When speaking to your child’s pediatrician or healthcare provider about introducing food allergens, ask about AUVI-q (epinephrine injection, USP) 0.1 mg. It is the only FDA-approved epinephrine auto-injector for babies and toddlers weighing 16.5-33 pounds.
Electronic voice guides caregivers through administration, whether trained or not.
About the size of a credit card and thickness of a cell phone.
Shortest needle length available—not visible before, during, or after an injection.
• Patients may not feel the epinephrine injection when it occurs.
• To administer, just press and hold in place for 2 seconds.
To minimize the risk of injection-related injury, hold a young child’s or infant’s leg firmly in place when administering AUVI-q.
AUVI-q 0.1 mg comes with a Trainer so you can walk through the injection process of administering AUVI-q with your caregivers.
Visit to learn more and talk to your doctor to see if AUVI-q is right for your family or your child.
Parents and caregivers deserve to enjoy every milestone in their child’s life. By talking with your baby’s pediatrician or healthcare provider, and preparing yourself with the available information and resources, introducing new foods to your baby can be a fun and rewarding experience.
AUVI-Q (epinephrine injection, USP) is a prescription medicine used to treat life-threatening allergic reactions, including anaphylaxis, in people who are at risk for or have a history of serious allergic reactions.
AUVI-Q is for immediate self- (or caregiver) administration and does not take the place of emergency medical care. Seek immediate medical treatment after using AUVI-Q. Each AUVI-Q contains a single dose of epinephrine. AUVI-Q should only be injected into your outer thigh, through clothing if necessary. If you inject a young child or infant with AUVI-Q, hold their leg firmly in place before and during the injection to prevent injuries. Do not inject AUVI-Q into any other part of your body, such as into veins, buttocks, fingers, toes, hands or feet. If this occurs, seek immediate medical treatment and make sure to inform the healthcare provider of the location of the accidental injection. Only a healthcare provider should give additional doses of epinephrine if more than two doses are necessary for a single allergic emergency.
Rarely, patients who use AUVI-Q may develop infections at the injection site within a few days of an injection. Some of these infections can be serious. Call your healthcare provider right away if you have any of the following symptoms at an injection site: redness that does not go away, swelling or tenderness, or if the area feels warm to the touch.
If you have certain medical conditions or take certain medicines, your condition may get worse or you may have more or longer-lasting side effects when you use AUVI-Q. Be sure to tell your healthcare provider about all the medicines you take, especially medicines for asthma. Also tell your healthcare provider about all of your medical conditions, especially if you have asthma, a history of depression, thyroid problems, Parkinson’s disease, diabetes, heart problems or high blood pressure, have any other medical conditions, are pregnant or plan to become pregnant or are breastfeeding or plan to breastfeed. Epinephrine should be used with caution if you have heart disease or are taking certain medicines that can cause heart-related (cardiac) symptoms.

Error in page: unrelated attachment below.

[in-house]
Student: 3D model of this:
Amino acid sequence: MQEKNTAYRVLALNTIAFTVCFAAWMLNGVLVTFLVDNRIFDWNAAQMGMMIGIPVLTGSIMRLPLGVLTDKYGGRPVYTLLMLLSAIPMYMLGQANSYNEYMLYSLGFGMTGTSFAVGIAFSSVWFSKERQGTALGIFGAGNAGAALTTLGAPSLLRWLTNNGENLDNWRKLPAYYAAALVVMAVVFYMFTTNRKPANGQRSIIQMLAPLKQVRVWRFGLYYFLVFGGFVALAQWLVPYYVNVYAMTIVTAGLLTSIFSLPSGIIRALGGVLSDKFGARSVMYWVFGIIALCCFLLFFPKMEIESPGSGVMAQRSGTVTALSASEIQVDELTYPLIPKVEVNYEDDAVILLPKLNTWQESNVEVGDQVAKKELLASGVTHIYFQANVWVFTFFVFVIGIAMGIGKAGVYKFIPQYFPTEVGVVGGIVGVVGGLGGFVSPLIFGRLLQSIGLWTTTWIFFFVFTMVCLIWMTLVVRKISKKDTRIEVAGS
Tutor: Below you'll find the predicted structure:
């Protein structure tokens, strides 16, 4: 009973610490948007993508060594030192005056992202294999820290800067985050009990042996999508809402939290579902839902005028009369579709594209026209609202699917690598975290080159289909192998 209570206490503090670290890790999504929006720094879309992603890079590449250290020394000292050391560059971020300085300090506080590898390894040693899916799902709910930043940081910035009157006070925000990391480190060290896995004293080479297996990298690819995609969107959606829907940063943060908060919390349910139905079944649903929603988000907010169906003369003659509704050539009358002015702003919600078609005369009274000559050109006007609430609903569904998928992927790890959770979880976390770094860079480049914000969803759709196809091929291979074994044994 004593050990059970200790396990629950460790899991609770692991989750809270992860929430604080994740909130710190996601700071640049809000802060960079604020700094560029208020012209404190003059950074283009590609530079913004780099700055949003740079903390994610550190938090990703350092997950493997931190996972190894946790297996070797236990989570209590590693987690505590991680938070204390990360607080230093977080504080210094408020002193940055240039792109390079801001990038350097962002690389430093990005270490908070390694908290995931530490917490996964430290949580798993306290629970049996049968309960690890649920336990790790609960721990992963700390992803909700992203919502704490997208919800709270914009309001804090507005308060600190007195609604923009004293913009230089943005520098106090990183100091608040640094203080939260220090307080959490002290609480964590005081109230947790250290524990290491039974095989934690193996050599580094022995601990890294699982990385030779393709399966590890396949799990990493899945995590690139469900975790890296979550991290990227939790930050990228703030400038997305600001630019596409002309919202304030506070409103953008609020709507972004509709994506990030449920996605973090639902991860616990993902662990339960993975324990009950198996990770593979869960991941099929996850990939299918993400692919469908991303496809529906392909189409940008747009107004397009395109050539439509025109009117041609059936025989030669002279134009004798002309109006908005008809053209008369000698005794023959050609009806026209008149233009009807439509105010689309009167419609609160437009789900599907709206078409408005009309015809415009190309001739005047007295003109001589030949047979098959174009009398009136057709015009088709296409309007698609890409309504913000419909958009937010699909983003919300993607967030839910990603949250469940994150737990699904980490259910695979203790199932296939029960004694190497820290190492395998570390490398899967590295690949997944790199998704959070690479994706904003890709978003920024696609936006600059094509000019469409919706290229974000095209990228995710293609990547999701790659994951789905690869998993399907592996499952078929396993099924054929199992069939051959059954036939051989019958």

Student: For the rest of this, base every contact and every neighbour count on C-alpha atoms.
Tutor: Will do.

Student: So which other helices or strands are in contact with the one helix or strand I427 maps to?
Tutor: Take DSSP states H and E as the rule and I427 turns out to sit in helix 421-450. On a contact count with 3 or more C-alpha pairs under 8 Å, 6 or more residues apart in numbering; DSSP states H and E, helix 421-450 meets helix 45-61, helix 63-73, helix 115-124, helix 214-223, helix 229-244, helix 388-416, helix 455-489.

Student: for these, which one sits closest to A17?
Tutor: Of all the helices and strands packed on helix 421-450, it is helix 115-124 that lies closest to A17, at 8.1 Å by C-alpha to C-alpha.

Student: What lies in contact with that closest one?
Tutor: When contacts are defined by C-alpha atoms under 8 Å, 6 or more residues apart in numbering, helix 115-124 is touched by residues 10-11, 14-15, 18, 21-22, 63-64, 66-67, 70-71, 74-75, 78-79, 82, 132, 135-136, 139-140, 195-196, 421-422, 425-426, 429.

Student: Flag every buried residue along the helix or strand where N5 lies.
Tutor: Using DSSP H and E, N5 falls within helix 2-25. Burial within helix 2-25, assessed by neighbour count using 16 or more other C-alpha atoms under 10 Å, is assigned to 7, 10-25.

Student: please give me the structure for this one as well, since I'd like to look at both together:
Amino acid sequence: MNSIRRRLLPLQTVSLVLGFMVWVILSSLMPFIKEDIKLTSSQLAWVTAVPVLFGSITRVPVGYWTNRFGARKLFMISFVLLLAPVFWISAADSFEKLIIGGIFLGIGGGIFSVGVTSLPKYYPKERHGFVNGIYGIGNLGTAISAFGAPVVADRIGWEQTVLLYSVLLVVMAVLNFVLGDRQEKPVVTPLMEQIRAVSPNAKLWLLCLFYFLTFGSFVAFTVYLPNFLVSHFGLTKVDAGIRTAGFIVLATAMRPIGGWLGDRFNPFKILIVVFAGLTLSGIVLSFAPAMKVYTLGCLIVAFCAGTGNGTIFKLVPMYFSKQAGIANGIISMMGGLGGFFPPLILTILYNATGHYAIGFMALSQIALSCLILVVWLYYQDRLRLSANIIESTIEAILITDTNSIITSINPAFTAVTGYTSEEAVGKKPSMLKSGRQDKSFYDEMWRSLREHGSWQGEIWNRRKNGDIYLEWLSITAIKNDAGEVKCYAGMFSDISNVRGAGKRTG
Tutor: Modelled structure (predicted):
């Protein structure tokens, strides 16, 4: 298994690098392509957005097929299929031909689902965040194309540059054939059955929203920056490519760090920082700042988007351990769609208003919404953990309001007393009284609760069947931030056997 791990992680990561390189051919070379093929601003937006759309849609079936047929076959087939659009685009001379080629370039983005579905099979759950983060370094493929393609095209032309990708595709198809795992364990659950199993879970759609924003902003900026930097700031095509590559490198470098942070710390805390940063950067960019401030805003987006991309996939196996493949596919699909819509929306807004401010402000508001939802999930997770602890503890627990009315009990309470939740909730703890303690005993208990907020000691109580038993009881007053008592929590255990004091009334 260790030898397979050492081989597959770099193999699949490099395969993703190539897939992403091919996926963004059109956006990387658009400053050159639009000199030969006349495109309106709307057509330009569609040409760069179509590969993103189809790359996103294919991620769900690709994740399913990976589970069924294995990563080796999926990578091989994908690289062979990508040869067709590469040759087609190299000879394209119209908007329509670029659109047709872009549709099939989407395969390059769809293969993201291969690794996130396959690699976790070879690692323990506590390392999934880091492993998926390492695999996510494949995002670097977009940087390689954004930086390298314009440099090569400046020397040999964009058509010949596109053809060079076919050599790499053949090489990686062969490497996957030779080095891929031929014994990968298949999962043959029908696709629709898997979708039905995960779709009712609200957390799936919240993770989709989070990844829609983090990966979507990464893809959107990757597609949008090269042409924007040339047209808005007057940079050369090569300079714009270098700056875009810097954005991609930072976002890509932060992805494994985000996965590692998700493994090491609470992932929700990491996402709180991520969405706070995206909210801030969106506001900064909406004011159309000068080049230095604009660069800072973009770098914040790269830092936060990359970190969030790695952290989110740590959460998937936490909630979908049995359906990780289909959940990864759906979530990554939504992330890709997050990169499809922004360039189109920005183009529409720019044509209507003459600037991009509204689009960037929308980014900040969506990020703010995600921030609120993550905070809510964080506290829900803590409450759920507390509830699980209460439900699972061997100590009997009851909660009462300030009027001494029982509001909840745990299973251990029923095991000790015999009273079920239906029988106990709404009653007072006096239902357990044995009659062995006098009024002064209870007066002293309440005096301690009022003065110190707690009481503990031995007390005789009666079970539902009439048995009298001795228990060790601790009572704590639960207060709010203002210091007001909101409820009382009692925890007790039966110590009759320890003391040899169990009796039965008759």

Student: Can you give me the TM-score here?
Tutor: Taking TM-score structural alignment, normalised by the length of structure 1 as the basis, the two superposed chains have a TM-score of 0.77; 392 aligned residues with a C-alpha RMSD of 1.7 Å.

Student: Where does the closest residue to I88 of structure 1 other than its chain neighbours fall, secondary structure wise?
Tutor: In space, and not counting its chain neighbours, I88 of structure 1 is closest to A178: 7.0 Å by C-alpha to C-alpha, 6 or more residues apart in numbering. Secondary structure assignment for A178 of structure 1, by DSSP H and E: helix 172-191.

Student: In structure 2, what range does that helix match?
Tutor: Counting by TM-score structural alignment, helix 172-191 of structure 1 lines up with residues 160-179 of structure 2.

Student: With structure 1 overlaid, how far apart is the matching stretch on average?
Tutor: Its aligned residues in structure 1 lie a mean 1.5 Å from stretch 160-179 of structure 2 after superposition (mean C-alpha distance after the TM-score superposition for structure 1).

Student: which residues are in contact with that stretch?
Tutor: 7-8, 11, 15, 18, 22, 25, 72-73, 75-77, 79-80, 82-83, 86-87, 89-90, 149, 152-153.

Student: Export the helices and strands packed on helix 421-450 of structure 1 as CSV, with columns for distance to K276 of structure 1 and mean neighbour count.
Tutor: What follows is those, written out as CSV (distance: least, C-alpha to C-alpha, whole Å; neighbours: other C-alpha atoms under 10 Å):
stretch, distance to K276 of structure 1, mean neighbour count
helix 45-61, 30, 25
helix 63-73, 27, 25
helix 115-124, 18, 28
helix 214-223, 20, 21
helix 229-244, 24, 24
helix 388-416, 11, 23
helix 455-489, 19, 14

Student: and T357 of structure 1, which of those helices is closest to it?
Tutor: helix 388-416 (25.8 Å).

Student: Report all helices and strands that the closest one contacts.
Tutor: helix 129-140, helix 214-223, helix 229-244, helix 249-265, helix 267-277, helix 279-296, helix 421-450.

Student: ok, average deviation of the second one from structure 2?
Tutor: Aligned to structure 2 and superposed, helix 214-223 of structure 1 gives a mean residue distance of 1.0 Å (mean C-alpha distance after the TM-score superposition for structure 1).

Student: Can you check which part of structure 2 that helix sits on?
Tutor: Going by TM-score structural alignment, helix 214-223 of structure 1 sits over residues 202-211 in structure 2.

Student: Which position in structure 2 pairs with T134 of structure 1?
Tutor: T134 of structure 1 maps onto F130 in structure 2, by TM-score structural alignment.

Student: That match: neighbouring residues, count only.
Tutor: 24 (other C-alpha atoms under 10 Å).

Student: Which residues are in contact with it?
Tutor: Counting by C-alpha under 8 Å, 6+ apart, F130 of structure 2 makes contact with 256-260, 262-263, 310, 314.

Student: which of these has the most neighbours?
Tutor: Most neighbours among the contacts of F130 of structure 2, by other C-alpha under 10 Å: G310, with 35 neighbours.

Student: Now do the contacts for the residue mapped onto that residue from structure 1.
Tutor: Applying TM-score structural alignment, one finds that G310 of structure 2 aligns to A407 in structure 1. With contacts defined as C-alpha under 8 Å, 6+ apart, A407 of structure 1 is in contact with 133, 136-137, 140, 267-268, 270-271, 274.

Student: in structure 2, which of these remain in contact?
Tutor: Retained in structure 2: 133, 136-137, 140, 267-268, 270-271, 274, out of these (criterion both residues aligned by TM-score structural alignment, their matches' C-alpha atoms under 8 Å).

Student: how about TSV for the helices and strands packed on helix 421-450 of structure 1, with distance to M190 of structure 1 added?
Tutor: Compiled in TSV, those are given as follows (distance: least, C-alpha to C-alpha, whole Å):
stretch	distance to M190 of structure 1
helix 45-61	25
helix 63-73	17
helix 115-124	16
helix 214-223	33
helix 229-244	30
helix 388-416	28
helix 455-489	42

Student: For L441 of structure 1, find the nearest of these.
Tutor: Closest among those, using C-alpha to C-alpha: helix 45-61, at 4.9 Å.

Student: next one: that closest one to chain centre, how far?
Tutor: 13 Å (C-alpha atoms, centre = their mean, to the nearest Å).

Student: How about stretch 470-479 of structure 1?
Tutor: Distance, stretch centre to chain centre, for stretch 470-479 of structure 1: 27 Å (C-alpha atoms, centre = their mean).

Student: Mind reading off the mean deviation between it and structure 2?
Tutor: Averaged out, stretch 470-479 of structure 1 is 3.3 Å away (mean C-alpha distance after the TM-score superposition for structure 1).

Common side effects include fast, irregular or “pounding” heartbeat, sweating, shakiness, headache, paleness, feelings of overexcitement, nervousness or anxiety, weakness, dizziness, nausea and vomiting or breathing problems. These side effects usually go away quickly, especially if you rest. Tell your healthcare provider if you have any side effect that bothers you or that does not go away.
Please see the full Prescribing Information and the Patient Information at www.auvi-q.com.
You are encouraged to report negative side effects of prescription drugs to the FDA.
Visit www.fda.gov/medwatch or call 1-800-FDA-1088.
IMPORTANT SAFETY INFORMATION
1. Food Allergy Research & Education. Peanut Allergy. Accessed November 2020.
2. Togias A, Cooper SF, Acebal ML, et al. Addendum guidelines for the prevention of peanut allergy in the United States: report of the National Institute of Allergy and Infectious Diseases—sponsored expert panel. Ann Allergy Asthma Immunol. 2017;118(2):166-173.e7.
3. Fleischer DM, et al. Consensus communication on early peanut introduction and the prevention of peanut allergy in high-risk infants. Pediatrics. 2015;136:600. DOI: 10.1542/peds.2015-2394.
4. Simons FER. Anaphylaxis in infants: can recognition and management be improved? J Allergy Clin Immunol. 2007;120(3):537-540.
5. Sampson HA, Munoz-Furlong A, Campbell RL, et al. Second symposium on the definition and management of anaphylaxis: summary report – Second National Institute of Allergy Infectious Disease/Food Allergy and Anaphylaxis Network symposium. J Allergy Clin Immunol. 2006;117(2):391-397.
6. Simons FE, Sampson HA, Anaphylaxis; unique aspects of clinical diagnosis and management in infants (birth to age 2 years). J Allergy Clin Immunol. 2015;135(5):1125-1131.
7. Kim L, Nevis IF, Tsai G, et al. Children under 15 kg with food allergy may be at risk of having epinephrine auto-injectors administered into bone. Allergy, Asthma & Clinical Immunology.
8. AUVI-Q [Prescribing Information]. Richmond, VA: kaleo Inc. https://dailymed.nlm.nih.gov/dailymed/fda/fdaDrugXsl.cfm?setid=6180fb40-7fca-4602-b3da-ce62b8cd2470&type=display.
For general information purposes only. Talk to your healthcare provider if you have any questions.